Discover Your Passion: Know Who You Are


Under construction. Maintenance area.I had to discover a passion for retirement because I had worked all my life at something that I was not passionate about. I understood that in order to discover a passion I had to understand who I am. Figuring out who I am was not complicated, but it required time and effort. It took a lot of mental work, the hardest kind of work. It took a lot of experimenting and trial and error, the scariest kind of work. But almost anyone can do it. You don’t have to be a monk, priest, philosopher or psychologist. You don’t have to have a college degree.

source:  Satisfying Retirement: Discover Your Passion: Know Who You Are.

The above quote comes from a fellow blogger Bob Lowery over at Satisfying Retirement a few days ago.  It was a guest quote from Boyd Lemon. I was very surprised that it didn’t get the usual number of comments for that site. Several things in the post struck me as almost profound in their wisdom. Particularly the quote above.  Sometimes I write a post that I think has at least at some level a profound message only to see that it gets a minimum of views. I don’t understand why?

As I have faced lately, I have finally come to admit that I was probably in the wrong profession throughout my corporate years.  I blame the indecision to admit that early on and do something about it at least in part to a lack of guidance counseling in my high school years. I went to a very small high school in the 1960s so I understand the lack of guidance. I hope that is not the case today but I fear that it is.

One of the most profound responsibilities that a parent has is to help their child learn their ingrained passions and talents early in life. If appropriate counseling is not available in the school system then it should be sought elsewhere. When a person is passionate about what they are doing they are much more likely to make a difference in this world and isn’t that what most of us end up wanting? To make a difference.

But of course I realize that most teenagers think they know it all and would probably resist this type of guidance. Forming young minds is probably the most noble of all professions and guiding them to listen and learn about their compassion is one of the most critical things that you can do for a person.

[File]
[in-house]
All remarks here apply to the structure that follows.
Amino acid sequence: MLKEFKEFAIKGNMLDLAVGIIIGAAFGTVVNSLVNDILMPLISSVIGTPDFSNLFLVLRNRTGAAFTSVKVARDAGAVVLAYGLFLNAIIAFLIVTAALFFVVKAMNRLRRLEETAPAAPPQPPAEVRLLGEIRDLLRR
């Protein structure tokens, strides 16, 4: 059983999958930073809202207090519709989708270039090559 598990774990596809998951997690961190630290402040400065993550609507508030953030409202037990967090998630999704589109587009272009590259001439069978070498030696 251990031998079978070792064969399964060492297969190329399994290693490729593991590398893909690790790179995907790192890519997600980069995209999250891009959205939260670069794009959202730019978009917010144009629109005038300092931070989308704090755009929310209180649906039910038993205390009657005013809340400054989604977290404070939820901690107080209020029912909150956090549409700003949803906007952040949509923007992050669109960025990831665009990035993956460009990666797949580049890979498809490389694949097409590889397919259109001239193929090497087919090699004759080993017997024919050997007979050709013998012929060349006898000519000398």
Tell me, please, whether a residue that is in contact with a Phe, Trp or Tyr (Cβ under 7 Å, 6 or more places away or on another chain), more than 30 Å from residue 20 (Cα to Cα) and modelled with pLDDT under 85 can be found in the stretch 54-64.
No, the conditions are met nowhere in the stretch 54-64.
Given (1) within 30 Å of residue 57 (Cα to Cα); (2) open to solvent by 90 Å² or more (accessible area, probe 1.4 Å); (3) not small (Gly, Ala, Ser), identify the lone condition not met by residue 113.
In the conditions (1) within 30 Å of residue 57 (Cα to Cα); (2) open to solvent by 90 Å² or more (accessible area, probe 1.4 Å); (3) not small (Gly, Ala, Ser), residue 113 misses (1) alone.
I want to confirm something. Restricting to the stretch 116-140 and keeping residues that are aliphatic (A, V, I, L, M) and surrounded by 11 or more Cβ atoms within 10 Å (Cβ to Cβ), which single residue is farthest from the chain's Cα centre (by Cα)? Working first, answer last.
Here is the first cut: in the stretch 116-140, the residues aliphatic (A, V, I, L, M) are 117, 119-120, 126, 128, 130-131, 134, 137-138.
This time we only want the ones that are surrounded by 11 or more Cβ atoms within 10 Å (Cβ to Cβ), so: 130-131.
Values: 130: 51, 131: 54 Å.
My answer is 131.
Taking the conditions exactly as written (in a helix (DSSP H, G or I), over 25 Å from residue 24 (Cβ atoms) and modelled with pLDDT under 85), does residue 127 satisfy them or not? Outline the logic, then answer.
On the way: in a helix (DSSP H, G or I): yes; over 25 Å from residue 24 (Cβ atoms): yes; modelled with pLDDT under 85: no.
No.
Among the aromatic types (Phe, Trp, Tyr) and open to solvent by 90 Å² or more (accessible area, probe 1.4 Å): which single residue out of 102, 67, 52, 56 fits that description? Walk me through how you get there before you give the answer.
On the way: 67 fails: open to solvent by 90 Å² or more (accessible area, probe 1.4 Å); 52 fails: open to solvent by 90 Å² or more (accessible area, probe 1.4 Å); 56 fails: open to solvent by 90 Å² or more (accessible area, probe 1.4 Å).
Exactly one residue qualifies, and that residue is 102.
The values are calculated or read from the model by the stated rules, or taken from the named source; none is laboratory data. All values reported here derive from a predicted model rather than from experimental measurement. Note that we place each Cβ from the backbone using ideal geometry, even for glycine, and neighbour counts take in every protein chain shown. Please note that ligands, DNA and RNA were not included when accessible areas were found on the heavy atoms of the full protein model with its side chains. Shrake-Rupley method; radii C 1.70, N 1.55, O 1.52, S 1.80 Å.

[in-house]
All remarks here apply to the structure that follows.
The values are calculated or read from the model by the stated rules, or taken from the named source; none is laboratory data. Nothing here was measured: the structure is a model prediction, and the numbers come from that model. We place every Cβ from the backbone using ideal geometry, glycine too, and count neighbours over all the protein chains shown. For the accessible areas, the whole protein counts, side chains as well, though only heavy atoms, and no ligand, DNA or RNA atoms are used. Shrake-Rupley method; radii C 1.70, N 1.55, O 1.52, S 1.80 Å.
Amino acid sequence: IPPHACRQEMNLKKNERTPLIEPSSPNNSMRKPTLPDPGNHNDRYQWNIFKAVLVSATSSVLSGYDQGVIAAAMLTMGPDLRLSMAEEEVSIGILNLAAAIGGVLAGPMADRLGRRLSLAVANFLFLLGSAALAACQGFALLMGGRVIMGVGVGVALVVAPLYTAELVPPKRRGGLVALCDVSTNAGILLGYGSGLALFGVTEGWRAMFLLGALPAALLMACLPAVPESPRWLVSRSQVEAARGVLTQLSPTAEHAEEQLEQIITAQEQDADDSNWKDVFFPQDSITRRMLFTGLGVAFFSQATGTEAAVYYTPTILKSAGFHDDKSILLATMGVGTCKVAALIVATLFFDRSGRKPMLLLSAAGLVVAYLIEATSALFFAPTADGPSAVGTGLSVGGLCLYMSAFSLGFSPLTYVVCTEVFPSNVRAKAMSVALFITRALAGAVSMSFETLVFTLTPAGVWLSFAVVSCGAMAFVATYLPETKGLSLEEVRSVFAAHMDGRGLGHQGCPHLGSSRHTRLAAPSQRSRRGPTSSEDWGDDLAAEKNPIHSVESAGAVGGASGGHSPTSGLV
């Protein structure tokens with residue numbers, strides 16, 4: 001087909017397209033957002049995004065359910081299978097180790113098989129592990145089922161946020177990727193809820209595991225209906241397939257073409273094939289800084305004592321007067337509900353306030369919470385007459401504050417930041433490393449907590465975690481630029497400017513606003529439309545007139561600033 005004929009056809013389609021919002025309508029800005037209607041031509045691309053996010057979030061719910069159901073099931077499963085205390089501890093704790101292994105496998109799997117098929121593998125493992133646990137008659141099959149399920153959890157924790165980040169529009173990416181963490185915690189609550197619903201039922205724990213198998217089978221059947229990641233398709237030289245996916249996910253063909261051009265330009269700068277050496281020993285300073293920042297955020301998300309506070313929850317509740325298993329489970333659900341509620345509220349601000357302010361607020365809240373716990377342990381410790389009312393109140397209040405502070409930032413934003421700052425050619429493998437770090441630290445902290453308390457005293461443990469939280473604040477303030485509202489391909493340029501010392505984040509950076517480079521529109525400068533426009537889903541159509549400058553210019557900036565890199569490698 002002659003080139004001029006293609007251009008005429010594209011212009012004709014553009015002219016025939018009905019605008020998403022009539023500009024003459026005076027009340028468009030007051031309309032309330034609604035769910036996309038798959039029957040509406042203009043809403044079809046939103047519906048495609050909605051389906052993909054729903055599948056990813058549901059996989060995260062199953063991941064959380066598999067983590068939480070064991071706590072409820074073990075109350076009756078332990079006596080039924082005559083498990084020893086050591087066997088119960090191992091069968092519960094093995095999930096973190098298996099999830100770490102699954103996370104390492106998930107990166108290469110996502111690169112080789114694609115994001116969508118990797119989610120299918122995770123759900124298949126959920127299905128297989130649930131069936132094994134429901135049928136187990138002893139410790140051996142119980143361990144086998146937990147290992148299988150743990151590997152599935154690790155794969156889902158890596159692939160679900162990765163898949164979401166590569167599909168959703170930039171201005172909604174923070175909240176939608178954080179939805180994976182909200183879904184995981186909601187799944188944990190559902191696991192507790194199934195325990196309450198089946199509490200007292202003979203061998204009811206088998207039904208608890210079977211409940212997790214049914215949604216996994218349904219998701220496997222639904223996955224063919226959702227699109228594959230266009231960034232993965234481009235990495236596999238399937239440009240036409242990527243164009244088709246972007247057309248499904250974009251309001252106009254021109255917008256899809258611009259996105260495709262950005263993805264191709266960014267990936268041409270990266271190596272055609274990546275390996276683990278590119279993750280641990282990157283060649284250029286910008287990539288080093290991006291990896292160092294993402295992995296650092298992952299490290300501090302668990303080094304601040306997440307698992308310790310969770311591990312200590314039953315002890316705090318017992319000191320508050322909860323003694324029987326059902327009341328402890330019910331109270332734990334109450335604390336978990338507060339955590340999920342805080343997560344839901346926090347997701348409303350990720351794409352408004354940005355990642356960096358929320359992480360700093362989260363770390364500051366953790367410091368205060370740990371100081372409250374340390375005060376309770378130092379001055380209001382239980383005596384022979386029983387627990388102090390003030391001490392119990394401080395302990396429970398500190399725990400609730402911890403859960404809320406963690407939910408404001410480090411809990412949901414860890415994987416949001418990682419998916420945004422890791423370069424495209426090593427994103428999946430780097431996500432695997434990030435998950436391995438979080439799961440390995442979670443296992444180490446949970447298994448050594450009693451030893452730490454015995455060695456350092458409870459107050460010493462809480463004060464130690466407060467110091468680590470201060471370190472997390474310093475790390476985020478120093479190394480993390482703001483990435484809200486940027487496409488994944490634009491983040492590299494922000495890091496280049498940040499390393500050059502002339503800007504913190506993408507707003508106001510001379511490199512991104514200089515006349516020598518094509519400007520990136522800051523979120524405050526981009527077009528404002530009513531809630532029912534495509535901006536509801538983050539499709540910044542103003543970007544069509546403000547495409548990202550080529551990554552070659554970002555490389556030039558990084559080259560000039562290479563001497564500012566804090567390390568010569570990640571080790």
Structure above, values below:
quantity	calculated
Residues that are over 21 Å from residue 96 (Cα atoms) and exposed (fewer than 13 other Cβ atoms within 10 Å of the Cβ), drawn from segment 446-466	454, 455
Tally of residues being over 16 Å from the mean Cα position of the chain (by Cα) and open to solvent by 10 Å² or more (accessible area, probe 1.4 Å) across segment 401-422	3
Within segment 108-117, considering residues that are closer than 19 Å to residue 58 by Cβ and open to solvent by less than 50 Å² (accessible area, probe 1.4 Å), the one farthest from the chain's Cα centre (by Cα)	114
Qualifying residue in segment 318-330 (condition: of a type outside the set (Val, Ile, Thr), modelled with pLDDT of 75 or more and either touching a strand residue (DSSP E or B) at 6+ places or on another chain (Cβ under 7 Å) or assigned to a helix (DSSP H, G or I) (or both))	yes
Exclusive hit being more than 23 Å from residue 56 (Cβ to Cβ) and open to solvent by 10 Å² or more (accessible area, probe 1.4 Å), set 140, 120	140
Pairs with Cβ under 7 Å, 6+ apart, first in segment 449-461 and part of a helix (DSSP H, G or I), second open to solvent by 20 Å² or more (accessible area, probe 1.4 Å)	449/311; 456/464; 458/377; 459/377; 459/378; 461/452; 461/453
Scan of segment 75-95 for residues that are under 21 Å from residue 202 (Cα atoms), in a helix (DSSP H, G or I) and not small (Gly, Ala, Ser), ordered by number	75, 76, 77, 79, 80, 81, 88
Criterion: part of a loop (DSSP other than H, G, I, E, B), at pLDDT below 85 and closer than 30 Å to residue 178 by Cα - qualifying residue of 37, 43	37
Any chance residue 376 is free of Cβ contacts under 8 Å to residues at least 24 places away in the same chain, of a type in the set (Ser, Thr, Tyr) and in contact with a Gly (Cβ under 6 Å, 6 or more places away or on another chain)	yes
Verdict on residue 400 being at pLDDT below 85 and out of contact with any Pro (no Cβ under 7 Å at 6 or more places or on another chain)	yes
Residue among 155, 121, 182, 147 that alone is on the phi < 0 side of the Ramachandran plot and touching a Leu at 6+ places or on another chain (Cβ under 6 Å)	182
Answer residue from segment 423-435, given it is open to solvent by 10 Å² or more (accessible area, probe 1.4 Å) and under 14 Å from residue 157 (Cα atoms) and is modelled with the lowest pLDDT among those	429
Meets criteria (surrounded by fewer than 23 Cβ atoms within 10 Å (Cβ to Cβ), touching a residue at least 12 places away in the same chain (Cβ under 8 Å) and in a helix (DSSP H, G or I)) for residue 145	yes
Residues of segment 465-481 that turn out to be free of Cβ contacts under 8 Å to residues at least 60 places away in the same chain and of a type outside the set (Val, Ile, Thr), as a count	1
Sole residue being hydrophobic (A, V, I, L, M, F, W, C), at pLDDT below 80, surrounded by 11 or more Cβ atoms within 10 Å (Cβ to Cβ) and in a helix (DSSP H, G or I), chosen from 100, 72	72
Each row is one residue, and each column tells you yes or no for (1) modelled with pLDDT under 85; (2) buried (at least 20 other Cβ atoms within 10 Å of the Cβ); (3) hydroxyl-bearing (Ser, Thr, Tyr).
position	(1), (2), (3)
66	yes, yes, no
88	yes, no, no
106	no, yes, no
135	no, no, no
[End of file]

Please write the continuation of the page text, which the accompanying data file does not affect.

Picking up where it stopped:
It is not that I didn’t have a fulfilling life in the occupation I ended up in but instead it is more of a road not taken type of thing. I will always wonder if I had recognized earlier on what I felt strongly about if it would have been even more fulfilling?

Thanks Bob for doing the guest post that got me to thinking about this….


  1. I did read this post, but it served more to reinforce what I’ve already learned, and am working on, then leave me with something new. My most revered (and I really do revere it!) book on this topic is Ernie Zelinski’s “The Joy of Not Working.” Everything I need to know about living a joyful life in retirement is in that book. I can tell Ernie has read some of the same books I’ve read about living in the present based on the terms he uses on occasion, which I appreciate as well.

    In my case, I need to do something slightly uncomfortable, like running farther or faster than I really care to, or working harder at a task than I wish, or going against my basic selfish nature to be there for someone, if I wish to feel that release of joy and passion that doing so delivers. Whenever life gets flat, I know it’s because I’ve stopped working to raise the bar on my own life. So darn simple, yet so darn easy to forget.


  2. Thanks for the words Tamara. The old physics term does apply here “A body at rest tends to stay at rest”. If we don’t push ourselves then we don’t grow. If we don’t grow then we are not truly living. One deep part of my nature is that I get bored easily. Therefore I try new things and embrace change on a regular basis. But I hadn’t discovered this in my early life; it had to develop over the years.

    We should all try to do something uncomfortable at least once a week. It helps us look over the top of our boxes. LIke you say “so darn simple but easy to forget”.

    BTW. I am enjoying your thirty day in-one-place vacation reports. For the first time in my 25+ marriage we spent an entire week as Mesa Verde National Park last year. My wife said I couldn’t stay in one place that long but I proved her wrong. 🙂 Maybe someday I will try a month long one like you are doing…..


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